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Movies: The Great Come-&-See-lt Day

2 minute read

It looked like a cinema exhibitor’s dream, a remembrance of prosperity past, a pre-TV anachronism. In France one day last week, from the Champs Elysées to the quays of Marseille, customers outside movie houses pressed in queues three or four abreast. At the Wepler theater on Paris’ Place Clichy, where Goldfinger was playing, patrons actually crashed through heavy glass doors. And “National Defend French Cinema Day,” as it was called, would have produced the fattest 24-hour box office in history except that there was no box office—all the films were on the house.

What the French cinema was being defended against was the tax-greedy government. Though the exhibitors seemed to be cutting off their gross to spite their face, they were also cutting off—with the only and most dramatic means available—the 24% of that gross sluiced away in a special tax. “The survival of French cinema is at stake,” declared Director René Clair. And though the industry suffers from many ills, he continued, “the worst problem right now is this taxation.” Clair’s polemics came at a wellrehearsed, Defend French Cinema Day press conference that was followed by a one-hour sympathy strike, from the producers to les script-girls, closing down all French sets.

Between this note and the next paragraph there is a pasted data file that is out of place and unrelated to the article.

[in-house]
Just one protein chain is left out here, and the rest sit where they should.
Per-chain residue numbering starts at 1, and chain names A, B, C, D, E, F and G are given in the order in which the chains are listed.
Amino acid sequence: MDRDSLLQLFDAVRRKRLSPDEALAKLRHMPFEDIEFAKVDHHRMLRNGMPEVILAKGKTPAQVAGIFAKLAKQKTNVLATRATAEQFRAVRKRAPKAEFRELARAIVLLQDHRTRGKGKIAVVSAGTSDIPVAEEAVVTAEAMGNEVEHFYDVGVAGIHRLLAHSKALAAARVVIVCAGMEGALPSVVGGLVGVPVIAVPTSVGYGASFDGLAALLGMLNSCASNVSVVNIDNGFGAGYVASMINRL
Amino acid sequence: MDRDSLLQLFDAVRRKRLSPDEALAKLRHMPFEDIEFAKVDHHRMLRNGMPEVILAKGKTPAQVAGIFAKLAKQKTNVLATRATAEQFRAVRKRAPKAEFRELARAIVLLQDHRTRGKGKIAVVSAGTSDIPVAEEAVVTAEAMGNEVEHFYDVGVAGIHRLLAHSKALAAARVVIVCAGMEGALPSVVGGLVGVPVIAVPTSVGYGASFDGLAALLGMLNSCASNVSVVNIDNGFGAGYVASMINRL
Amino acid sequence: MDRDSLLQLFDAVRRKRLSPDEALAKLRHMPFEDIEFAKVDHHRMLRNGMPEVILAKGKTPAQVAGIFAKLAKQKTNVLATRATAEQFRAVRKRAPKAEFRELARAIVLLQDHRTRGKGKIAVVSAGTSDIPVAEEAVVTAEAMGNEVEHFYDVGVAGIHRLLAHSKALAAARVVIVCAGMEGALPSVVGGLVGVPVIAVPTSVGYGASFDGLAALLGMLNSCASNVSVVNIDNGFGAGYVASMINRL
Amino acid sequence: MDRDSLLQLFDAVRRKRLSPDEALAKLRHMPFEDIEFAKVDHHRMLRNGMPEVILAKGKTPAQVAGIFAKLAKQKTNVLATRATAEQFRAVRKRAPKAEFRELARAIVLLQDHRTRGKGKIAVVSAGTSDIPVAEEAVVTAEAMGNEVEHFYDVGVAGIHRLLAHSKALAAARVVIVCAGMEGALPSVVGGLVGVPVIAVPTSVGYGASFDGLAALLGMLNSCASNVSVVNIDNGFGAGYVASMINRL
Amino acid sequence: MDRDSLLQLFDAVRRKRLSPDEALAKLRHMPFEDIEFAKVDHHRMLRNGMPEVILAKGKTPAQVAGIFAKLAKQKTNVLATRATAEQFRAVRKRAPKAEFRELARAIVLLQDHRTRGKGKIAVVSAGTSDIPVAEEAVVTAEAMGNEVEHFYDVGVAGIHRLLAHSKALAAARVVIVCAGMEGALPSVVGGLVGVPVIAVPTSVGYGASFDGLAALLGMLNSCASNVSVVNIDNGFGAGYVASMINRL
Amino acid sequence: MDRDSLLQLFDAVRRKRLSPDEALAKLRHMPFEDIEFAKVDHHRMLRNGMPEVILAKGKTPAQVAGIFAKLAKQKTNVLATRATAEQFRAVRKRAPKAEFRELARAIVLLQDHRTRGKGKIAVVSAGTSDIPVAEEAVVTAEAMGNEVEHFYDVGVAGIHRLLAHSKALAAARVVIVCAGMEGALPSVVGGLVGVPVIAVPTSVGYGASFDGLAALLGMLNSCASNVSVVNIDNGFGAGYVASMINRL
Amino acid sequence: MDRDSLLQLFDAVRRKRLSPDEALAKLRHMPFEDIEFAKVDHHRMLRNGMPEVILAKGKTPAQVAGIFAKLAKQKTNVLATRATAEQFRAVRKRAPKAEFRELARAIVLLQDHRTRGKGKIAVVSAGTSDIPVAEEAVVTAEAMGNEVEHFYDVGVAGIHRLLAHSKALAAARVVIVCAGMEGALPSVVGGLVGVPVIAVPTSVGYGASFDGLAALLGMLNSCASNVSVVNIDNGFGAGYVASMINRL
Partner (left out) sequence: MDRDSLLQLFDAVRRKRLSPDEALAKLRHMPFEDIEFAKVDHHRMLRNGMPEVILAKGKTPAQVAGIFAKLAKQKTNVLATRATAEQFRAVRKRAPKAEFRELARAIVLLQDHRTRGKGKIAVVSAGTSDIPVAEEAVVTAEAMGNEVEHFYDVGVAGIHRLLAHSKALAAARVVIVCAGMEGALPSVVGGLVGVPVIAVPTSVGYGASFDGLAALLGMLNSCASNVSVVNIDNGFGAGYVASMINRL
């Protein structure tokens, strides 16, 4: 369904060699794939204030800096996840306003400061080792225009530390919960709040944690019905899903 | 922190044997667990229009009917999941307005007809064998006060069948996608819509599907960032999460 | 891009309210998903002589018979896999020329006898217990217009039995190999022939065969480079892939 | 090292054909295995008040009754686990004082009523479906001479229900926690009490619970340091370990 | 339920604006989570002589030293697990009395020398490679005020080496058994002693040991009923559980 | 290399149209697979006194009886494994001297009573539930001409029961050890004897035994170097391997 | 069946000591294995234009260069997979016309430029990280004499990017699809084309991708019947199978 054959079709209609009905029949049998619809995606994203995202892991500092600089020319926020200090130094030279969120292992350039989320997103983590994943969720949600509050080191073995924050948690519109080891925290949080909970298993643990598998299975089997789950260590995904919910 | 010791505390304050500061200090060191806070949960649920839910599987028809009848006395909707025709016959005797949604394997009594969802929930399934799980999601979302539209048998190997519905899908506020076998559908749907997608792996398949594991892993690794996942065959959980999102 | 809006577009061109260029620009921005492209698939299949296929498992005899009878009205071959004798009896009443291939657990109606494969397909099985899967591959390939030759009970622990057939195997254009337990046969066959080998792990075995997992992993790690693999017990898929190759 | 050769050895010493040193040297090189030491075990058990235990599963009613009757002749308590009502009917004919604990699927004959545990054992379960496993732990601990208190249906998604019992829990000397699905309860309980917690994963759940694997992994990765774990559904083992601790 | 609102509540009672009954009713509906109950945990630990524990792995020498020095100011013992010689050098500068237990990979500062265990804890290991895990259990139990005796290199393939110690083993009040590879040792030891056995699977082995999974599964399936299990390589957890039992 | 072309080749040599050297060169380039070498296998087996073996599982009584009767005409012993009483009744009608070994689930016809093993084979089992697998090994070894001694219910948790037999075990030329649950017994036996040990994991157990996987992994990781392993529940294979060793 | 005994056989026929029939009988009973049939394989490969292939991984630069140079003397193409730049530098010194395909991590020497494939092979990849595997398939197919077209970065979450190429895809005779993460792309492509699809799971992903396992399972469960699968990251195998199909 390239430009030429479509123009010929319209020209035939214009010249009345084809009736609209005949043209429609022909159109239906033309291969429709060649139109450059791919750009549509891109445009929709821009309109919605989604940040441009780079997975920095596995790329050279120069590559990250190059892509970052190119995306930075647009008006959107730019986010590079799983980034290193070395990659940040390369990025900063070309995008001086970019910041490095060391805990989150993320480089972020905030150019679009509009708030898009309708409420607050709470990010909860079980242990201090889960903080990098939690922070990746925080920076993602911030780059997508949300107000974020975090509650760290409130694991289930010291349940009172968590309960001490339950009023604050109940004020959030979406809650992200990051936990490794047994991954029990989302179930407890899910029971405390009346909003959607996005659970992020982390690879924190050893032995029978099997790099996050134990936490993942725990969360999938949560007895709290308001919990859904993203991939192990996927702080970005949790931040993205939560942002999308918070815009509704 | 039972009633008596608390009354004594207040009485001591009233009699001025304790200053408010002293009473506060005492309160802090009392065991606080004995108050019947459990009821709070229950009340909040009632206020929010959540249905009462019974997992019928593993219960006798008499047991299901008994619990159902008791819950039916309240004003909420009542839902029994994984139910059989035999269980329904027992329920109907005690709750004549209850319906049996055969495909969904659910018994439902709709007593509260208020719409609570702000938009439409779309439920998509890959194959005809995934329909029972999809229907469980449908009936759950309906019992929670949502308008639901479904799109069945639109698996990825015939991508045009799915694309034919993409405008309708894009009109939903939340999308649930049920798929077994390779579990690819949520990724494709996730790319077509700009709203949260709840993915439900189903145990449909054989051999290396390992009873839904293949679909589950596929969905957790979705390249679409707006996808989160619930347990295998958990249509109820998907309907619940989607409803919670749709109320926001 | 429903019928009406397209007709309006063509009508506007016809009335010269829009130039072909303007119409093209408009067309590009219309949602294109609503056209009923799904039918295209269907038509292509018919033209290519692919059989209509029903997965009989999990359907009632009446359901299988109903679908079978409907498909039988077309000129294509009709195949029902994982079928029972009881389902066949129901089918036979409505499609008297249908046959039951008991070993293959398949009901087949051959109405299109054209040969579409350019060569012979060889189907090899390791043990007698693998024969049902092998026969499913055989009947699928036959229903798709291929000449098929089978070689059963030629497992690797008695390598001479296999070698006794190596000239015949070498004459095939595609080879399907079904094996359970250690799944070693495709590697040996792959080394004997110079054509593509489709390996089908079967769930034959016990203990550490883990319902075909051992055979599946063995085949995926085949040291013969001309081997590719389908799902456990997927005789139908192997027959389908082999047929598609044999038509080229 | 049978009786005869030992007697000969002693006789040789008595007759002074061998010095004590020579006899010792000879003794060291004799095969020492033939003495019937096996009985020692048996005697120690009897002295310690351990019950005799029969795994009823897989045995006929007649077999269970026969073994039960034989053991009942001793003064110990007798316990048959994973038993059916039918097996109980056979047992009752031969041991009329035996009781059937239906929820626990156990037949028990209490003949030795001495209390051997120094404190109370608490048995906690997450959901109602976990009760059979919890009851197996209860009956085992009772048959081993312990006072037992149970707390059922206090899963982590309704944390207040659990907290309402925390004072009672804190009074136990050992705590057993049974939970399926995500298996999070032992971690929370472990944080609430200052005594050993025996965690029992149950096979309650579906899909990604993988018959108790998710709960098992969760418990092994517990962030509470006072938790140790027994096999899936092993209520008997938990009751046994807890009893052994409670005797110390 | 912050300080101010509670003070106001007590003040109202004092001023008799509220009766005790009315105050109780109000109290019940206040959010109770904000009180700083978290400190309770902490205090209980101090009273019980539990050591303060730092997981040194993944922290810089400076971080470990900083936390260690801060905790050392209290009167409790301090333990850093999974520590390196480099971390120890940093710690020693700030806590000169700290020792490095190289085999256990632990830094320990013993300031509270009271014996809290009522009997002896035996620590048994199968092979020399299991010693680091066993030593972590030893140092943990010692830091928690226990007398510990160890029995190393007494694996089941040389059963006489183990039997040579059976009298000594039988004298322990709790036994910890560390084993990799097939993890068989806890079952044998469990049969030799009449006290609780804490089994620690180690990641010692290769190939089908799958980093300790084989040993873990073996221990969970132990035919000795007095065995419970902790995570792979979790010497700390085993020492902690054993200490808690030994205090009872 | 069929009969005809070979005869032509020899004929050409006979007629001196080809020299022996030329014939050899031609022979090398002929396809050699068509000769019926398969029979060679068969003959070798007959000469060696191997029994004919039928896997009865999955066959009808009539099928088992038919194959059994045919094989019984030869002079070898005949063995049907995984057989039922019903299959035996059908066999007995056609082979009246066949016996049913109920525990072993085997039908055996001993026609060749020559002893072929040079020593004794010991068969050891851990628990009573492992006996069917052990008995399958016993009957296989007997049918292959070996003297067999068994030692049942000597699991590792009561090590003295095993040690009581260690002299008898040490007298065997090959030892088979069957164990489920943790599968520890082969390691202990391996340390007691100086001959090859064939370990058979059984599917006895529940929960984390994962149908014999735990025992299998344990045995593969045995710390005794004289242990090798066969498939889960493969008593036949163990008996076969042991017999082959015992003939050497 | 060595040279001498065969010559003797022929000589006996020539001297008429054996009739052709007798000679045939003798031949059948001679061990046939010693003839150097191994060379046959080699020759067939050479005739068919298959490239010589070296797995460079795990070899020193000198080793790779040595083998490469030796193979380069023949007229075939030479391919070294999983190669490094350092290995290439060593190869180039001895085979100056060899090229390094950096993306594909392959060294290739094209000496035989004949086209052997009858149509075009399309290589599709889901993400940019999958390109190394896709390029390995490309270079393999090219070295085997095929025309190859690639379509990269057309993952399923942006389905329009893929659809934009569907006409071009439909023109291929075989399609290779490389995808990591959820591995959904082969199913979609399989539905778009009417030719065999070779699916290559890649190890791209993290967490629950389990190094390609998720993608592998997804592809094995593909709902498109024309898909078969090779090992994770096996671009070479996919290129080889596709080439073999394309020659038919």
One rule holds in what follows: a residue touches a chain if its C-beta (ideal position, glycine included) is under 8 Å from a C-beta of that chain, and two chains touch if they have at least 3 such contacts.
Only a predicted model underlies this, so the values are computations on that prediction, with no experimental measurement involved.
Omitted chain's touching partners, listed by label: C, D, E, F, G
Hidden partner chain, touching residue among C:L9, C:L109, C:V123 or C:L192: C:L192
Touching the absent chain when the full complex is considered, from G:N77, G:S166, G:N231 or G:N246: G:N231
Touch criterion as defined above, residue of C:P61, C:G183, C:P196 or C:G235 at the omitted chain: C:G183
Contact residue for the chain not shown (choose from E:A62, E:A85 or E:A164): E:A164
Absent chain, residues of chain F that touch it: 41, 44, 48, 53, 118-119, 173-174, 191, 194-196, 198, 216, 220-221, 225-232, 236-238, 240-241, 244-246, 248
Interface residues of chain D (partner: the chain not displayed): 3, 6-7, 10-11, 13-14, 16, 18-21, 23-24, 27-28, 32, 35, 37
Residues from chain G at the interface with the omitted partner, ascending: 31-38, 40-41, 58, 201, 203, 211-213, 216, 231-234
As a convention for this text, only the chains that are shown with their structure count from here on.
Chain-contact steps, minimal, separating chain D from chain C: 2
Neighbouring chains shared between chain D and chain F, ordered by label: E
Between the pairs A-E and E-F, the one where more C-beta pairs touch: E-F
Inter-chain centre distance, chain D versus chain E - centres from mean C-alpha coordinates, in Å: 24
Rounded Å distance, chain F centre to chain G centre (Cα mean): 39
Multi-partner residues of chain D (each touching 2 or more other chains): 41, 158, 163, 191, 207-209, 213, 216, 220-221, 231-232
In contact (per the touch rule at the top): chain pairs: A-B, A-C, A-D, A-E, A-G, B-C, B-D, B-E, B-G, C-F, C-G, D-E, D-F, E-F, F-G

Last week’s demonstrations and scapegoat were not the first in the French exhibitors’ fight against TV’s increasingly damaging competition. Last January the movie-theater owners’ federation even ventured a $20 million damage suit against the French national television network, which is run by the government. The charge: “unfair competition,” which has reduced cinema attendance throughout France a full one-third since 1958. Their federation’s lawsuit was thrown out, with the theater owners ordered to pay the court costs.

Yet their message seems to be getting through. A current study by the Finance Ministry concludes that governmental relief is indeed “indispensable” to the industry, and recommends, as a starter, reduction of the 24% special tax. Yet, as last week’s demonstration National Defend French Cinema Day proved, the film industry cannot be saved by tax relief alone. Even with the clochards just coming in out of the cold, many of the 5,600 French movie houses were nowhere near filled, despite the fact that they were giving away their seats for free.

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